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No Further Inquiry Or Reinvestigation Of A Case By Another Agency May Be Ordered By The Home Secretary: High Court

sahithi reddy ,
  16 May 2023       Share Bookmark

Court :
In The Supreme Court Of India
Brief :

Citation :
Criminal Appeal No. 1294 Of 2023


Bohatie Devi (Dead) Through LR Versus The State of Uttar Pradesh & Ors




M.r.shah,C.t. Ravikumar


Petitioner:Bohatie Devi (Dead) Through LR

Respondent:The State of Uttar Pradesh & Ors


The Supreme Court has ruled that the Secretary of the Home cannot order for additional inquiry or reinvestigation by any agency other than the officer in charge of the concerned Police Station and/or his higher officer under Section 173(3) read with Section 158 of the CrPC.


  • The evidence shows that the appellant's kid was slain by an unidentified assailant. The informant filed a FIRabouto about the incident. The inquiry was conducted by the Inspector of Police in Baraut, District of Baghpat, who on March 1, 2015, filed accusations against two people, and on March 31, 2015, the Magistrate took notice of the charges.
  • Later, the District Crime Branch took over the investigation. On December 2, 2016, a supplemental charge sheet was submitted against two defendants (respondents nos. 8 and 11).
  • Respondent No. 8 petitioned the High Court for the dismissal of the entire criminal case as well as the charge sheet from December 2, 2016, but the High Court denied the petition in an order dated July 5, 2017.
  • Angered by the aforementioned High Court ruling, Respondent No. 8 filed an SLP with the Supreme Court, but it was rejected by an order dated August 24, 2018, and the temporary restraining order was subsequently revoked.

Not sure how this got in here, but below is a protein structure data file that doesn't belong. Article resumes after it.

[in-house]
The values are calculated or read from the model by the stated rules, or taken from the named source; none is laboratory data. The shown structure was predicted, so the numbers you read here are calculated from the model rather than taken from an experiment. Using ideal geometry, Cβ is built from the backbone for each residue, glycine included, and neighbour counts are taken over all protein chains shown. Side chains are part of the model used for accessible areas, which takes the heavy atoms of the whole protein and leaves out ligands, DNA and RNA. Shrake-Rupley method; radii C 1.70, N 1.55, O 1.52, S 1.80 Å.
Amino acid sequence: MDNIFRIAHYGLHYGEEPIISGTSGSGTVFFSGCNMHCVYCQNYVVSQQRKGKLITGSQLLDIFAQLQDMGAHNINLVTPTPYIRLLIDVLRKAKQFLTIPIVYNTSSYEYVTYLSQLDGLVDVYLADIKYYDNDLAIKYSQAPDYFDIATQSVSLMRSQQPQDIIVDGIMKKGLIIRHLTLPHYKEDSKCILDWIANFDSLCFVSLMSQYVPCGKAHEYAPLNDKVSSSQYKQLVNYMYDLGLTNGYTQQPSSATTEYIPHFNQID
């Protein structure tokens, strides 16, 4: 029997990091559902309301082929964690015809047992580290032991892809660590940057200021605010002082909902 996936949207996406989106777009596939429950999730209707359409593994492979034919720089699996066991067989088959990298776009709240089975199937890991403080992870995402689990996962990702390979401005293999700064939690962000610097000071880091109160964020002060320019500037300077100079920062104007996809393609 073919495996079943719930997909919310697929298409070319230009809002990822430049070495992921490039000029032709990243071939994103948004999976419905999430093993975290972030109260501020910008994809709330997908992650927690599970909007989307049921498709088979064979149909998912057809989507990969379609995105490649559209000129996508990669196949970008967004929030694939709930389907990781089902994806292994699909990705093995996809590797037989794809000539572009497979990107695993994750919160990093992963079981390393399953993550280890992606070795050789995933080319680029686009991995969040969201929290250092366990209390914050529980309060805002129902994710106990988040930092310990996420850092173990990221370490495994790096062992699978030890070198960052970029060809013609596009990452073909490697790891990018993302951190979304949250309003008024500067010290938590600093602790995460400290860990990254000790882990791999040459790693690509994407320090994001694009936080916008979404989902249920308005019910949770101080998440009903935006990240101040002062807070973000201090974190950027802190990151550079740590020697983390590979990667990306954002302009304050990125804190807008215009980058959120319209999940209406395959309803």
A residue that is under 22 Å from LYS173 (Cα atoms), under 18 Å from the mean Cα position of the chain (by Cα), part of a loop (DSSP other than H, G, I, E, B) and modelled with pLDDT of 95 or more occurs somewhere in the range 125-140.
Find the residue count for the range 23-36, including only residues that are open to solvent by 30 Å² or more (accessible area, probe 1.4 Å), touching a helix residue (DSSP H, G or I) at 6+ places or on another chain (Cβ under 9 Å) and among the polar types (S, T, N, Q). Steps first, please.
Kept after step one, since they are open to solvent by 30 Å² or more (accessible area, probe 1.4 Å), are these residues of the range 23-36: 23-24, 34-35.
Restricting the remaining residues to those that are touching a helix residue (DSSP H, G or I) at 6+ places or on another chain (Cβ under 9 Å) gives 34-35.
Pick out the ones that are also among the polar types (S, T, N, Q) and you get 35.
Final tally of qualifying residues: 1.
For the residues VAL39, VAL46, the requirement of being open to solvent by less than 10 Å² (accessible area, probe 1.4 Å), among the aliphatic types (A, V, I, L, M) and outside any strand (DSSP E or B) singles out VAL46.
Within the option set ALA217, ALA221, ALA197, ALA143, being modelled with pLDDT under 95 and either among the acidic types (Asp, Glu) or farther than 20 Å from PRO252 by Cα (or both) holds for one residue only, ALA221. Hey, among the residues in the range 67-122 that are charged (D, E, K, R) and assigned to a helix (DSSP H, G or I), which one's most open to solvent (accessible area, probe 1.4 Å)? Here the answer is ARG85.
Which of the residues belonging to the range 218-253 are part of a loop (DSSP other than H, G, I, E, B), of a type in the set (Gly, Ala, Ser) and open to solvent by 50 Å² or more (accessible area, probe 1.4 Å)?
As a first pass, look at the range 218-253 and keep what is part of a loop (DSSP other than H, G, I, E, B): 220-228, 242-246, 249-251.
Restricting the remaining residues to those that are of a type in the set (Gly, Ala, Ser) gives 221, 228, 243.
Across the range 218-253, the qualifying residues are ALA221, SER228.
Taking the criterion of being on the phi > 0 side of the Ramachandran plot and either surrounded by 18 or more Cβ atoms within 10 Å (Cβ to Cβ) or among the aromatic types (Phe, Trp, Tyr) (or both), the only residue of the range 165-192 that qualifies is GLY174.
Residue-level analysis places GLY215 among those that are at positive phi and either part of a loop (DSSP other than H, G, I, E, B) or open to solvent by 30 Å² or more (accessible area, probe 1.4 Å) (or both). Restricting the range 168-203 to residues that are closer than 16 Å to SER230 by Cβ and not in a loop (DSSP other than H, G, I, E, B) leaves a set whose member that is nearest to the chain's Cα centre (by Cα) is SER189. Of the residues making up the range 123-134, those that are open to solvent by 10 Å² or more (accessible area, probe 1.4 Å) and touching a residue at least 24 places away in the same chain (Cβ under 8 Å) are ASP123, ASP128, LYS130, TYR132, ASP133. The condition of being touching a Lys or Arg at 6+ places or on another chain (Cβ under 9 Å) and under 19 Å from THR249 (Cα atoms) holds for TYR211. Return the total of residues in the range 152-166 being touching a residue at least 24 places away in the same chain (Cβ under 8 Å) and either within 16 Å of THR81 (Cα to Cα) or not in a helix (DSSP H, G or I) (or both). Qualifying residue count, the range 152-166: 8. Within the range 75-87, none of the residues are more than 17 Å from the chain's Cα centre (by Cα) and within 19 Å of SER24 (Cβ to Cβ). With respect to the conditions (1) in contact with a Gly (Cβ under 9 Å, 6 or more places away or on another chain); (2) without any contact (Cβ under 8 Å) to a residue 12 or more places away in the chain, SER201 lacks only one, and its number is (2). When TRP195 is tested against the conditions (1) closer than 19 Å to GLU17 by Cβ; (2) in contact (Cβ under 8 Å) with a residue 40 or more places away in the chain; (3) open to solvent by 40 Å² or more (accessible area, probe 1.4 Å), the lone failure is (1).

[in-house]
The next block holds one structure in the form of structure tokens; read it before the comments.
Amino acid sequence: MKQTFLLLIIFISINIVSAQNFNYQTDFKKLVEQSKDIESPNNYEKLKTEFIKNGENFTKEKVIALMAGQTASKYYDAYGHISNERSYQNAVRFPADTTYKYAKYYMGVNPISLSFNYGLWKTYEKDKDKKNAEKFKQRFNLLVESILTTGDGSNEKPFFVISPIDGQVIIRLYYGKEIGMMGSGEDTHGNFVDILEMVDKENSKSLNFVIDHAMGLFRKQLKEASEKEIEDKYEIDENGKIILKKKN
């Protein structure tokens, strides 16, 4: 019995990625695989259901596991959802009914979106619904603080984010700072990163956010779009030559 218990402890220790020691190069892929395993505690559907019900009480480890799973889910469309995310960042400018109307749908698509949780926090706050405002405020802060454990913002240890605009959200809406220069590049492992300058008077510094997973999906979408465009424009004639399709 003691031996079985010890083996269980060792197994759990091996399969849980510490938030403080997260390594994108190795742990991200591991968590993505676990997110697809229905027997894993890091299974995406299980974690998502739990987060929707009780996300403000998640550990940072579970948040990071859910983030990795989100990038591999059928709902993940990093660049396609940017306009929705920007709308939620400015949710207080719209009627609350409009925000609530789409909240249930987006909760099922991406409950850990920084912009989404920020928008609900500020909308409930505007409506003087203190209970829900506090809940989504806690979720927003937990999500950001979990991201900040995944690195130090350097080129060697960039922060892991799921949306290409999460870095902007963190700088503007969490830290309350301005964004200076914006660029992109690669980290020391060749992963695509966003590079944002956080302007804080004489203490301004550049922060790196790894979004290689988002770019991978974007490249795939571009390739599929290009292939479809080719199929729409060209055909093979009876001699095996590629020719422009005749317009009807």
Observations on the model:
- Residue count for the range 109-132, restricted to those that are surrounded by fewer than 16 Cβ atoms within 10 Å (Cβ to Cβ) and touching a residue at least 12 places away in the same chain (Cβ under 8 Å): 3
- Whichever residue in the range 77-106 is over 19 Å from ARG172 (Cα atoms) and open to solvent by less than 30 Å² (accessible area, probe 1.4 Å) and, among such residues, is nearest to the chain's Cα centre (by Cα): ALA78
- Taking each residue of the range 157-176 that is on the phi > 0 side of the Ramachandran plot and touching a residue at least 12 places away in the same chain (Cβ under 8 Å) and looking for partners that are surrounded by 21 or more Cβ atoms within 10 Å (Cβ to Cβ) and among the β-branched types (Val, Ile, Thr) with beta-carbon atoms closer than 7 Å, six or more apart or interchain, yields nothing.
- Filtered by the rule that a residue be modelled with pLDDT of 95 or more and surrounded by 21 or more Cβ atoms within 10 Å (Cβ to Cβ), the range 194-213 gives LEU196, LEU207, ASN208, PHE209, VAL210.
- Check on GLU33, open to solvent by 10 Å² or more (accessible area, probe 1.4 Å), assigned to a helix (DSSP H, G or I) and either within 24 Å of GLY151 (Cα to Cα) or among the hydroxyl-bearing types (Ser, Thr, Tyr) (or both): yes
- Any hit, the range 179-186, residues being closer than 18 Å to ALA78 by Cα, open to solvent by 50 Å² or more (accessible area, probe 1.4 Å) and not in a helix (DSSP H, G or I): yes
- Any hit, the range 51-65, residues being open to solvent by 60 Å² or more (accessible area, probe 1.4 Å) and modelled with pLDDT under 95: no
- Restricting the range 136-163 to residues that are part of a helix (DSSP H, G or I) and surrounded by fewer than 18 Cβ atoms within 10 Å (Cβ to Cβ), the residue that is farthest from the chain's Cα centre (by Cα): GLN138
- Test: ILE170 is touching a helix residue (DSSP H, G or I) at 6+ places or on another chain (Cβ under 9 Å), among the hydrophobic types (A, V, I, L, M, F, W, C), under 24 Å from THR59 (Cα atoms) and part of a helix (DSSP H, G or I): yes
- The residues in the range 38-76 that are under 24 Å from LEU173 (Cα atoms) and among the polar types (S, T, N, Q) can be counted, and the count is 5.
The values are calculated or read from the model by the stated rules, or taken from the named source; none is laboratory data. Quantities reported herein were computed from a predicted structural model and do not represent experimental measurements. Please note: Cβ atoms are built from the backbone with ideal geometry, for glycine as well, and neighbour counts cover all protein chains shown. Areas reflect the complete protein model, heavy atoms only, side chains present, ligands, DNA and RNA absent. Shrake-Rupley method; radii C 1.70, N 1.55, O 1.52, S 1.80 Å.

• By order dated September 9, 2018, the CJM of Baghpat issued a non-bailable warrant against Respondent No. 8.
  • The mother of Respondent No. 8 applied with the Secretary (Home), State of U.P. on January 23, 2019, requesting that the investigation be transferred to CBCID. She claimed that because Respondent No. 8 had been charged based on the testimony of two witnesses who were detained, it was impossible to believe what they had to say.
  • By order dated February 13, 2019, the Secretary (Home), State of U.P. requested that CBCID conduct an additional investigation.
  • A writ case brought before the Allahabad High Court contested the Secretary (Home)'s directive transferring the inquiry to CBCID.
  • The High Court dismissed the writ petition in the impugned judgment and order by noting that the Secretary of Home had requested further investigation after notifying the Magistrate and that there was no defect in the order he had issued.
  • The High Court's contested decision and order were challenged before the Supreme Court in the current appeal.


  • Senior Attorney Vibha Datta Makhija argued on behalf of the appellant that the Secretary of Homeland Security was not authorized by law to move the investigation after the charge sheet was issued, at the request of the mother of one of the defendants.
  • It was further argued that the defenses of the accused that must be taken into account during the course of the trial were the basis for the request to transfer the investigation to CBCID, and that the subsequent investigation by CBCID effectively exonerated the accused who are charged in the supplementary chargesheet and would have the effect of voiding the chargesheet.